Bougainvillea, triple flowers

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Bougainvillea (Bougainvillea) are popular tropical climbing shrubs of the family of the miraculous plants (Nyctaginaceae), which are cultivated in Central Europe exclusively as potted plants. They are also called triplet flowers. Their unusual botanical name is in honor of the French navigator and circumnavigator Louis Antoine de Bougainville, who lived in the 18th and 19th centuries.

All bougainvilleas are originally from a relatively small area that stretches along the Andes from Ecuador to Brazil. They grow there mainly in summer-dry forests, where they throw off their leaves at the onset of the dry season and then expel again. The horticultural assortment consists mainly of different varieties and hybrids of the bald trifolium (Bougainvillea glabra). Somewhat rarer in culture is Bougainvillea spectabilis. There are about 15 other species without horticultural significance.

Appearance and growth

The tropical climbing shrubs are so-called spreading climmers - they do not form any special climbing organs, but rather they rise with the help of long, slightly thorn shoots. With good care they bloom with small breaks throughout the summer in bright, bright colors of white, yellow orange over pink, pink and purple to blood red. Each inflorescence consists of three colored bracts, which enclose the creamy white tubular flowers.

Bougainvillea shoot with thorns

Bougainvilleas anchor themselves like climbing roses using their spined shoots on the climbing aid

The egg-shaped, tapering leaves disappear in summer almost completely under the lush flowers. The plants reach at the natural site and also in the Mediterranean as outdoor plants stately growth heights of well over five meters. In Central Europe, they are cultivated solely as potted plants because of their frost sensitivity. As such, they rarely reach a height higher than three meters.

Location and substrate

Bougainvillea need a warm and full sun, because even in partial shade they use significantly less flower buds. A rain-protected place on the terrace is ideal, but bougainvilleas can also be cultivated all year round in the bright, heated conservatory. They grow best in a structurally stable, permeable container plant substrate with sufficient mineral content. An admixture of clay gets the plants very well.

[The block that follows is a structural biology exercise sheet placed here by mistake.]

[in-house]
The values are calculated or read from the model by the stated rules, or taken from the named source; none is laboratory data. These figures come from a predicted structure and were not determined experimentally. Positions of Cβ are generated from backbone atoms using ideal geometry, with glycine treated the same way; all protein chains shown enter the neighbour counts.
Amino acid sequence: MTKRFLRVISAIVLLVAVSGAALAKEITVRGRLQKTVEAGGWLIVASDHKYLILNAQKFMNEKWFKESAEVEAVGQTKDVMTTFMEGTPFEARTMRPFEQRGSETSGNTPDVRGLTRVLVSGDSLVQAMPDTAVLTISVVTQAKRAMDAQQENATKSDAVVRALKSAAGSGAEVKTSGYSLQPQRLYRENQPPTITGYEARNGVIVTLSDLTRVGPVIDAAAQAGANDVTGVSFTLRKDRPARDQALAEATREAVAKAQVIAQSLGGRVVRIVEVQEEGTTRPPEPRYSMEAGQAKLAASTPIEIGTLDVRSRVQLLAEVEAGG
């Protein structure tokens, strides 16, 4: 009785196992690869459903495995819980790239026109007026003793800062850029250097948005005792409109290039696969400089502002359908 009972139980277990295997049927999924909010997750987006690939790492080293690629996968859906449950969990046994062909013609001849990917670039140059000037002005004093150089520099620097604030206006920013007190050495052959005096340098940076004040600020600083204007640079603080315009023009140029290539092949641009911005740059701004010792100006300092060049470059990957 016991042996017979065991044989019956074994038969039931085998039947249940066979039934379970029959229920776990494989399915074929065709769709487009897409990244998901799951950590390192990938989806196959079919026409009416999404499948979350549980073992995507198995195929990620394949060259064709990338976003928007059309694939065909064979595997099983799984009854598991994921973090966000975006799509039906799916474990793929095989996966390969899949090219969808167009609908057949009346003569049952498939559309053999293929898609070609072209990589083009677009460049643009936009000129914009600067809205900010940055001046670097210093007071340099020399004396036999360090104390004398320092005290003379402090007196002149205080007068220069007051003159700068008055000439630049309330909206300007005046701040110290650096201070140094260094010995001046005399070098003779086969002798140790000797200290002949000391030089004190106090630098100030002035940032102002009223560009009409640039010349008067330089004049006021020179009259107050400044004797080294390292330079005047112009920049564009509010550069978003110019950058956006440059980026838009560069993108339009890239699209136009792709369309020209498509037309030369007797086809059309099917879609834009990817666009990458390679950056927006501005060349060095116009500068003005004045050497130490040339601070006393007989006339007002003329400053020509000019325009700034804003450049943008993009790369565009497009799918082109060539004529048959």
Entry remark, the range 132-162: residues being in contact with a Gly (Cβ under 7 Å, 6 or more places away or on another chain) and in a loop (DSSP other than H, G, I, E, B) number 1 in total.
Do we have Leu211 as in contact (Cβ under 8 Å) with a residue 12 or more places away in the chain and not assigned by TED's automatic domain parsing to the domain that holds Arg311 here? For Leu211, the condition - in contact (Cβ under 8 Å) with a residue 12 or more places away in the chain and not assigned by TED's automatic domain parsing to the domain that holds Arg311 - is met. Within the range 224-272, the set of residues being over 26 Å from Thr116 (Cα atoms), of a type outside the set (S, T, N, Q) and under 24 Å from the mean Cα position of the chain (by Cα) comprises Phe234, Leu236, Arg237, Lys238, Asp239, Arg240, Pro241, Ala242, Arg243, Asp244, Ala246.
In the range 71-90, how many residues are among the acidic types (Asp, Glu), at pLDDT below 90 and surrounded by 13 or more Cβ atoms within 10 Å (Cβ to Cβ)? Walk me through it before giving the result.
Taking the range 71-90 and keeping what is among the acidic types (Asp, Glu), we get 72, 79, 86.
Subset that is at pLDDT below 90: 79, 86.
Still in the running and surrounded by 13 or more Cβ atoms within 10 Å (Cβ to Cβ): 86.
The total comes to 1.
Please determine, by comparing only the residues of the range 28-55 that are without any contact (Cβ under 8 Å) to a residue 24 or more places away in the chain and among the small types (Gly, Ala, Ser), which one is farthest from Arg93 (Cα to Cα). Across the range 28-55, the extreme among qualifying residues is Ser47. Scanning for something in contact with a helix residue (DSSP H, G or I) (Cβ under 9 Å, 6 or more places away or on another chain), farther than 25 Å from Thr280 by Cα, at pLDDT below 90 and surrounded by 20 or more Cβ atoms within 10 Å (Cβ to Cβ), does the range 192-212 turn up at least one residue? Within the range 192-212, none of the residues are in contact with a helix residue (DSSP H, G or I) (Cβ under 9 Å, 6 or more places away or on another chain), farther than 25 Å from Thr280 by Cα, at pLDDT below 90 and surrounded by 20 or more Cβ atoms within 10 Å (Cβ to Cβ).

Bougainvillea 'Madame Clara Butt' (red) and 'Lady Mary Baring (yellow)

Bougainvillea 'Madame Clara Butt' (red) and 'Lady Mary Baring' (yellow)


Bougainvilleas have a high water and nutrient requirement. Place the pots in a coaster and pour on hot days in the morning and in the late afternoon. A regular water supply during the growing season is very important, because the climbing shrubs very quickly drop the leaves and stop growing in case of lack of water. This is a natural adaptation to their original habitat, the tropical dry forest with pronounced rainy and dry seasons. From spring to late summer bougainvilleas should also be supplied with a phosphate-rich flowering liquid fertilizer every two weeks at the latest.


Bougainvilleas prefer a permeable potting soil substrate with low humus content. The pot should be rather tight, as this promotes the flower approach - in too large vessels it happens that the plants only form leaves. Every two to three years is repotted in the spring after clearing out of the winter quarters.

To cut

If you do not cut driftwoods, you will see meter-long shoots with weak branches that only flower at the ends. Therefore, in the autumn before wintering or in spring, a strong pruning is recommended. The plants go through in a season several flowering phases, after which they should also be trimmed again and again easily. By regular pruning the plants can be easily kept to a height of one to two meters. So they come after a few years, when the leading drives are strong enough without climbing help. Also an education as Hochstämmchen is possible.

Cutting bougainvillea

Regular pruning with pruning shears keeps bougainvilleas compact and flowery


Bougainvillea tolerate no frost at all and must therefore be brought to winter quarters in the autumn in time. Ideal is a bright location with temperatures between 10 and 15 degrees. In the absence of light, the shrubs lose their foliage, but that's no problem - they reliably drive out again in the spring. Only water un-leaved plants so much that the soil does not dry out completely. The pot should not stand directly on a cold stone floor, but better on a wooden board or a Styrofoam plate.


The propagation is possible by cuttings, but for hobby gardeners hardly practicable, since you need a cultivation bed with floor heating and usually pass several months, until the first roots show. It is easier to store individual shoots in spring. You direct a shoot segment into a separate pot with composting soil and keep it evenly moist. A wound cut accelerates rooting.

Diseases and pests

Overall, bougainvilleas are pretty sturdy. In dry-hot climate and lack of water, however, they are occasionally attacked by spider mites. Especially in winter quarters also scale insects can occur.

Video Board: Three Colours on One Bougainvillea.

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